AI helps health care experts do their jobs efficiently and effectively, but it needs to be used responsibly, ethically, and equitably. In this VB Live event, get an in-depth perspective on the strengths and limitations of data, AI methodology and more.

Hear more from Brian Christian during our VB Live event on March 31.

Register here for free.

One of the big issues that exists within AI generally, but is particularly acute in health care settings, is the issue of transparency. AI models — for example, deep neural networks — have a reputation for being black boxes. That’s particularly concerning in a medical setting, where caregivers and patients alike need to understand why recommendations are being made.

“That’s both because it’s integral to the trust in the doctor-patient relationship, but also as a sanity check, to make sure these models are, in fact, learning things they’re supposed to be learning and functioning the way we would expect,” says Brian Christian, author of The Alignment Problem, Algorithms to Live By and The Most Human Human.

He points to the example of the neural network that famously had reached a level of accuracy comparable to human dermatologists at diagnosing malignant skin lesions. However, a closer examination of the model’s saliency methods revealed that the single most influential thing this model was looking for in a picture of someone’s skin was the presence of a ruler. Because medical images of cancerous lesions include a ruler for scale, the model learned to identify the presence of a ruler as a marker of malignancy, because that’s much easier than telling the difference between different kinds of lesions.

“It’s precisely this kind of thing which explains remarkable accuracy in a test setting, but is completely useless in the real world, because patients don’t come with rulers helpfully pre-attached when [a tumor] is malignant,” Christian says. “That’s a perfect example, and it’s one of many for why transparency is essential in this setting in particular.”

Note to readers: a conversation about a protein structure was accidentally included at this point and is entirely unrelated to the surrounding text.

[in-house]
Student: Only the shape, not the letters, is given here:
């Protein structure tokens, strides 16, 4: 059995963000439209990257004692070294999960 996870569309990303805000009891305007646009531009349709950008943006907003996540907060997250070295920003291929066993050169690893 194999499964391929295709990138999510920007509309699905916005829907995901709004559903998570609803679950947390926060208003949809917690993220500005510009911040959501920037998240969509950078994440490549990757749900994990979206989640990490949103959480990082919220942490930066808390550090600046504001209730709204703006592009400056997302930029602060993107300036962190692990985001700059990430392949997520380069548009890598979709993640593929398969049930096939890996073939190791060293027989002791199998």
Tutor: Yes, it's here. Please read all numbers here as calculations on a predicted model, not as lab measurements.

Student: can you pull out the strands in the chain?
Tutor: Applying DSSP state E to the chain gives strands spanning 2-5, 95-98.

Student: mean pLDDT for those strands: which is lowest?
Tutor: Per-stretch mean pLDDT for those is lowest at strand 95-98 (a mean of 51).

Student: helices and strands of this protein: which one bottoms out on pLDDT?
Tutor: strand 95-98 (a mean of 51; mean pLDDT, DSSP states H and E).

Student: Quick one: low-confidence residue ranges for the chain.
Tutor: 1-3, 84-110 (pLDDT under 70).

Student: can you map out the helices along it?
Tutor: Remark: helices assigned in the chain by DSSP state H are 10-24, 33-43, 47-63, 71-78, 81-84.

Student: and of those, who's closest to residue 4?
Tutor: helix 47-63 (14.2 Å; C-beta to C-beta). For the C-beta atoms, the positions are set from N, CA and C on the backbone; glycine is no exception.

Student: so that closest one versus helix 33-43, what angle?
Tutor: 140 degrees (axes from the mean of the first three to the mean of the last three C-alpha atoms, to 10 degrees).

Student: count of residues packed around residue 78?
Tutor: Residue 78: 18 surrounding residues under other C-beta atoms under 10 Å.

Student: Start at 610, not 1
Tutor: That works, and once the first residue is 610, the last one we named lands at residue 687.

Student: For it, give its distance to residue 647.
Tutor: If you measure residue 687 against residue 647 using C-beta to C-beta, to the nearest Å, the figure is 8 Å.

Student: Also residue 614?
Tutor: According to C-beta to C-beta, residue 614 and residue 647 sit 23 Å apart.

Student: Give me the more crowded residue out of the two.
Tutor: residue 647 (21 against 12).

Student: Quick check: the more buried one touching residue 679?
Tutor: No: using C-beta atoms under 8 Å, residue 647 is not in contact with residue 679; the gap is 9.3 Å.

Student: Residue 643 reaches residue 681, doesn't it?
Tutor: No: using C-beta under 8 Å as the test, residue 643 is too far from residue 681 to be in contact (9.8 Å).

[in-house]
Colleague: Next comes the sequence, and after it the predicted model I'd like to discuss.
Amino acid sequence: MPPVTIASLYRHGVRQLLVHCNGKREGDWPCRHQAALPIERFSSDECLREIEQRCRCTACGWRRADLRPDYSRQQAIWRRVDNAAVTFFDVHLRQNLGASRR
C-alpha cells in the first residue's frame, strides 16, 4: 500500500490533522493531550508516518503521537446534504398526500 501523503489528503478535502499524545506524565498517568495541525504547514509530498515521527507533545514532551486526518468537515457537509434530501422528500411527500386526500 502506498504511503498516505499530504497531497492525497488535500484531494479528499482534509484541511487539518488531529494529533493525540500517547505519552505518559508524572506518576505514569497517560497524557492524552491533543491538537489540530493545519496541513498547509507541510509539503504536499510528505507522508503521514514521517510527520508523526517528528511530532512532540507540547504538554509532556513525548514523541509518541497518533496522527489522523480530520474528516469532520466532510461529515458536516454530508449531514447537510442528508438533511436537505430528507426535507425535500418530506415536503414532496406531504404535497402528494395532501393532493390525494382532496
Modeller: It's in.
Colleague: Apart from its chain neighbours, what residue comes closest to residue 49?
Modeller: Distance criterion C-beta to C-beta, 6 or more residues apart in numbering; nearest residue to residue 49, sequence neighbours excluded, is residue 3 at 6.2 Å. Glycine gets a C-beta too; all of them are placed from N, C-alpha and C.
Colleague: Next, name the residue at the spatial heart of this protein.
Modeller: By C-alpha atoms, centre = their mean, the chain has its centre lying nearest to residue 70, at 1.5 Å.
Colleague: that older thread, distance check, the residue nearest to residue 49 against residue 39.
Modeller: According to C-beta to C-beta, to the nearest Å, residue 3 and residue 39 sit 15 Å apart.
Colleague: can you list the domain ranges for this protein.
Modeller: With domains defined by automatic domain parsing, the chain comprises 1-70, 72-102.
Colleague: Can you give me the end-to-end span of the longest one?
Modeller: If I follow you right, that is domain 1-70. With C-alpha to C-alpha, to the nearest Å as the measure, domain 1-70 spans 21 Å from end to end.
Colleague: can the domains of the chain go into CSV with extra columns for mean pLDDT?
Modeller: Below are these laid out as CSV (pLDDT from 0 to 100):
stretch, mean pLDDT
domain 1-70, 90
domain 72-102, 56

At a conceptual level, one of the biggest issues in all machine learning is that there’s almost always a gap between the thing that you can readily measure and the thing you actually care about.

He points to the model developed in the 1990s by a group of researchers in Pittsburgh to estimate the severity of patients with pneumonia to triage inpatient vs outpatient treatment. One thing this model learned was that, on average, people with asthma who come in with pneumonia have better health outcomes as a group than non-asthmatics. However, this wasn’t because having asthma is the great health bonus it was flagged as, but because patients with asthma get higher priority care, and also asthma patients are on high alert to go to their doctor as soon as they start to have pulmonary symptoms.

“If all you measure is patient mortality, the asthmatics look like they come out ahead,” he says. “But if you measure things like cost, or days in hospital, or comorbidities, you would notice that maybe they have better mortality, but there’s a lot more going on. They’re survivors, but they’re high-risk survivors, and that becomes clear when you start expanding the scope of what your model is predicting.”